By Alexandra Redisch in Loch Awe

St Conan’s Kirk must always have stunned visitors as it does me today.

St Conan's Kirk

Although the church may look many centuries old, it was completed in 1930. The architect was Walter Campbell. Or architect… he had no formal training, but that didn’t stop him from creating this intriguing little kirk on the western shores of Scotland. (I’m reminded of another un-trained architect, Clough Williams-Ellis, creator of that masterpiece Portmeirion on the Welsh coast.)

Campbell lived on the island of Innischonam, and when his elderly mother found the weekly journey to mass in Dalmally too long, Walter decided to build her a new church.

St Conan’s Kirk incorporates all kinds of styles, and looks like a mash-up of Medieval, Gothic and Alice in Wonderland. It even has a rabbit drain as you can see above.

Campbell was also a keen collector of artefacts, adding curious details to the kirk’s cloisters. The oak beams below are from the old battle ships The Caledonian and The Duke of Wellington

St Conan's Kirk

– and the iron bars leaning against the walls here are old mort safes; 19th century iron grids that were attached to caskets to prevent body snatching.

St Conan's Kirk

Entering, I’m immediately struck by the crazy charm of this kirk; all these different architectural styles. Campbell was clearly more interested in beauty than consistency. It’s a delightful, divine madness.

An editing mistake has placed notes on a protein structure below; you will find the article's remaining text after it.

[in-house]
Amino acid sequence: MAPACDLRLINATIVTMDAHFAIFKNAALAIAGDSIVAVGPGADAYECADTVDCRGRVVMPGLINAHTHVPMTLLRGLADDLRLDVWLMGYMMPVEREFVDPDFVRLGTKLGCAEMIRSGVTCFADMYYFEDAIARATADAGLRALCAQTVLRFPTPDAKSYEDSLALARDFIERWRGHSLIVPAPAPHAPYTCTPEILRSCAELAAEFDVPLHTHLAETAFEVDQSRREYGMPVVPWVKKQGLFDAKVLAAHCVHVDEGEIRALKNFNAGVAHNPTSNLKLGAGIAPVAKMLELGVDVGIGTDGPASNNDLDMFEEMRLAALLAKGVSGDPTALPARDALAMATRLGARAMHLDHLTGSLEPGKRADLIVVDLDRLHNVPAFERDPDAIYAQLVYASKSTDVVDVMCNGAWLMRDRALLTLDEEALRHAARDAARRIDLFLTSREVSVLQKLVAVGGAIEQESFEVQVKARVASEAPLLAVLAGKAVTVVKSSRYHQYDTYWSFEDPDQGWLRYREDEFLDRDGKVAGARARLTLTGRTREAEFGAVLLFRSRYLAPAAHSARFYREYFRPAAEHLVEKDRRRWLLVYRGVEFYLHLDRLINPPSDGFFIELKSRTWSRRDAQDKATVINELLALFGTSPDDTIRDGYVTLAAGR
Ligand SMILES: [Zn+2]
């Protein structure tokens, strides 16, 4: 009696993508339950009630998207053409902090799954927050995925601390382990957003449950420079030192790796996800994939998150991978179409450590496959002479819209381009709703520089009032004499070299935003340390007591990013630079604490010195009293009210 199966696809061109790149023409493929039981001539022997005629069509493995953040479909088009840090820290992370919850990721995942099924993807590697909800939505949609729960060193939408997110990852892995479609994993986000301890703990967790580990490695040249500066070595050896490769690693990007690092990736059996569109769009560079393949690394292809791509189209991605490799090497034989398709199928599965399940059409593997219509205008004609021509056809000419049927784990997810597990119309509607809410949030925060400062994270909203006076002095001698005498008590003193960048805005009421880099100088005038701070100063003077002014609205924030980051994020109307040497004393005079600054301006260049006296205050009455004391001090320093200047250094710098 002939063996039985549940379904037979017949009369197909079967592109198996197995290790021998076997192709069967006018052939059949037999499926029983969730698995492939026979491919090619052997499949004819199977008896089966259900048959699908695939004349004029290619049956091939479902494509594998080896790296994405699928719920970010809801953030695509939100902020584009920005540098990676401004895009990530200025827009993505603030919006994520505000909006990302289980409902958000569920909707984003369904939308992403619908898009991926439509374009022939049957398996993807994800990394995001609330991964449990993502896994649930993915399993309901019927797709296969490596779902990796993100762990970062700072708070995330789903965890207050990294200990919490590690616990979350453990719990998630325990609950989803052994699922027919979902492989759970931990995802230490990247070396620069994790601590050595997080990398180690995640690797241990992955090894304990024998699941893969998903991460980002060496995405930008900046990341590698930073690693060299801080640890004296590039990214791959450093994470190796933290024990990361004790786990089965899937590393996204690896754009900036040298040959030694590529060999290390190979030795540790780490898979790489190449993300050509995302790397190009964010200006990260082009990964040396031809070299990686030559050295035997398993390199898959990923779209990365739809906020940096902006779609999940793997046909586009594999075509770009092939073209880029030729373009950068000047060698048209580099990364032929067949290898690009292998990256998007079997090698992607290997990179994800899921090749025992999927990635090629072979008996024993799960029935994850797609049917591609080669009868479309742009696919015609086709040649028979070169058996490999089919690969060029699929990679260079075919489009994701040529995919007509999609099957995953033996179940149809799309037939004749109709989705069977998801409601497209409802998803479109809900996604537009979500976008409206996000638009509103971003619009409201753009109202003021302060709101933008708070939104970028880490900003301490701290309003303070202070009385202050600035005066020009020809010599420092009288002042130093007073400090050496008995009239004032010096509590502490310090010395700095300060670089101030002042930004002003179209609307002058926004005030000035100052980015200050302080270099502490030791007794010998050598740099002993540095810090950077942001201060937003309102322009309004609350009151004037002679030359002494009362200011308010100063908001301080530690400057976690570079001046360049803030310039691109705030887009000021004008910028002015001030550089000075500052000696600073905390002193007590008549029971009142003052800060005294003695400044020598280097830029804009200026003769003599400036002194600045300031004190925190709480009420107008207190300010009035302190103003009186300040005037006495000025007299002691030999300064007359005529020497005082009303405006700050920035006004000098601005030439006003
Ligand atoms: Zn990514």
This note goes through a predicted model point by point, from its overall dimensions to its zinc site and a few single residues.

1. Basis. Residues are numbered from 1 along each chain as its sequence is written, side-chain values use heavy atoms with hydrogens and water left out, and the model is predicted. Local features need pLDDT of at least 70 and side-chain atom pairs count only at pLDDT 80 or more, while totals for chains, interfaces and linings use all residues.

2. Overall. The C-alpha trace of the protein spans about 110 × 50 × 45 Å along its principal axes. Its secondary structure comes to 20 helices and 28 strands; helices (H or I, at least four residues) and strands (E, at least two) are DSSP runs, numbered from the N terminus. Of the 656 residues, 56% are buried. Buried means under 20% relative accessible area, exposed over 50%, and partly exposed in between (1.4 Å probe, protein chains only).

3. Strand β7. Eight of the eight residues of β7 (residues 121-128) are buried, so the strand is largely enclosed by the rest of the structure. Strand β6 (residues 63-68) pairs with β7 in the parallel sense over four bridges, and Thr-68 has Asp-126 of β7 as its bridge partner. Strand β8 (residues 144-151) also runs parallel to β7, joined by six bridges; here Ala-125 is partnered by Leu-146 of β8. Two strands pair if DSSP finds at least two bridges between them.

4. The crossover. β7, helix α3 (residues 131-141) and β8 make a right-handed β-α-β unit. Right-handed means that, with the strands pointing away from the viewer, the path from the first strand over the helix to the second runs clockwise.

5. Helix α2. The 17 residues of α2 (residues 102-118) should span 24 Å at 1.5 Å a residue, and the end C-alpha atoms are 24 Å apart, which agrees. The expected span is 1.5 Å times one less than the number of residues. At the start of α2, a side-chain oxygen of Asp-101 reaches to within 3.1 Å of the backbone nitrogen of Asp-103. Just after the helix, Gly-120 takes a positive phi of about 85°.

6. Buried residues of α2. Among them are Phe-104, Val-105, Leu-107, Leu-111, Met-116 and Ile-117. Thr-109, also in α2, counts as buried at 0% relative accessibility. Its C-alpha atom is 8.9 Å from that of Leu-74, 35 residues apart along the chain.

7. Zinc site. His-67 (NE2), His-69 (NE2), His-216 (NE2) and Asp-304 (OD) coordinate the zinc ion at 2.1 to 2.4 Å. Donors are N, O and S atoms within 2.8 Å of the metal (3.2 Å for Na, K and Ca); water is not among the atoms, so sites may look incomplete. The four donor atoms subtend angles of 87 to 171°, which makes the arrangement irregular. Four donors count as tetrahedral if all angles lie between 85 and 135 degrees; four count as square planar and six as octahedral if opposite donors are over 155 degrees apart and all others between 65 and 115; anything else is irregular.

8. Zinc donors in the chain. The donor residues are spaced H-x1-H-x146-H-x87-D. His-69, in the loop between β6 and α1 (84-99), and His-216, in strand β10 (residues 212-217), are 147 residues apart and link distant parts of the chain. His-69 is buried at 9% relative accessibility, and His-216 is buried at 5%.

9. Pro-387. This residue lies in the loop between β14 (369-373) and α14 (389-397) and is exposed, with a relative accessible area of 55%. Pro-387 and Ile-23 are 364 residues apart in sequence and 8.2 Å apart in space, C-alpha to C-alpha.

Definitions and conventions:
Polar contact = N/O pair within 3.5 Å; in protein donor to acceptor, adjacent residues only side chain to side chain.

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Within the kirk are several interesting chapels: St Conval’s Chapel (named for an Irish saint who allegedly sailed to Glasgow on a flat stone) houses the remains of Campbell and his sister Helen. The opulent St Bride’s Chapel is built in early Norman style, and houses the remains of more of Walter’s family.

I found the Bruce Chapel the most interesting; the wood and alabaster statue depicts the famous king of Scotland, Robert the Bruce. Below him is a fragment of bone, taken from his tomb in Dunfermline Abbey.

St Conan's Kirk

Sadly, we only had a brief stop at St Conan’s Kirk on the way to the island of Islay (for a bit of whisky sampling – more on that later). This church sits firmly on my ‘must return to’ list; it’s the kind of place one could spend hours, to take in all the wonderful details.

Getting to St Conan’s Kirk

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Panorama view of Innischonam from the kirk gardens

  • St Conan’s Kirk is can be found in the village Loch Awe, about 30 minutes from Oban, or 2 hours from Edinburgh.
  • Opening hours are 9am – 4pm, frequently longer.
  • Tours of the kirk can be arranged; call + 44 1838 200 298 – or 01838 200 298 from a UK phone.
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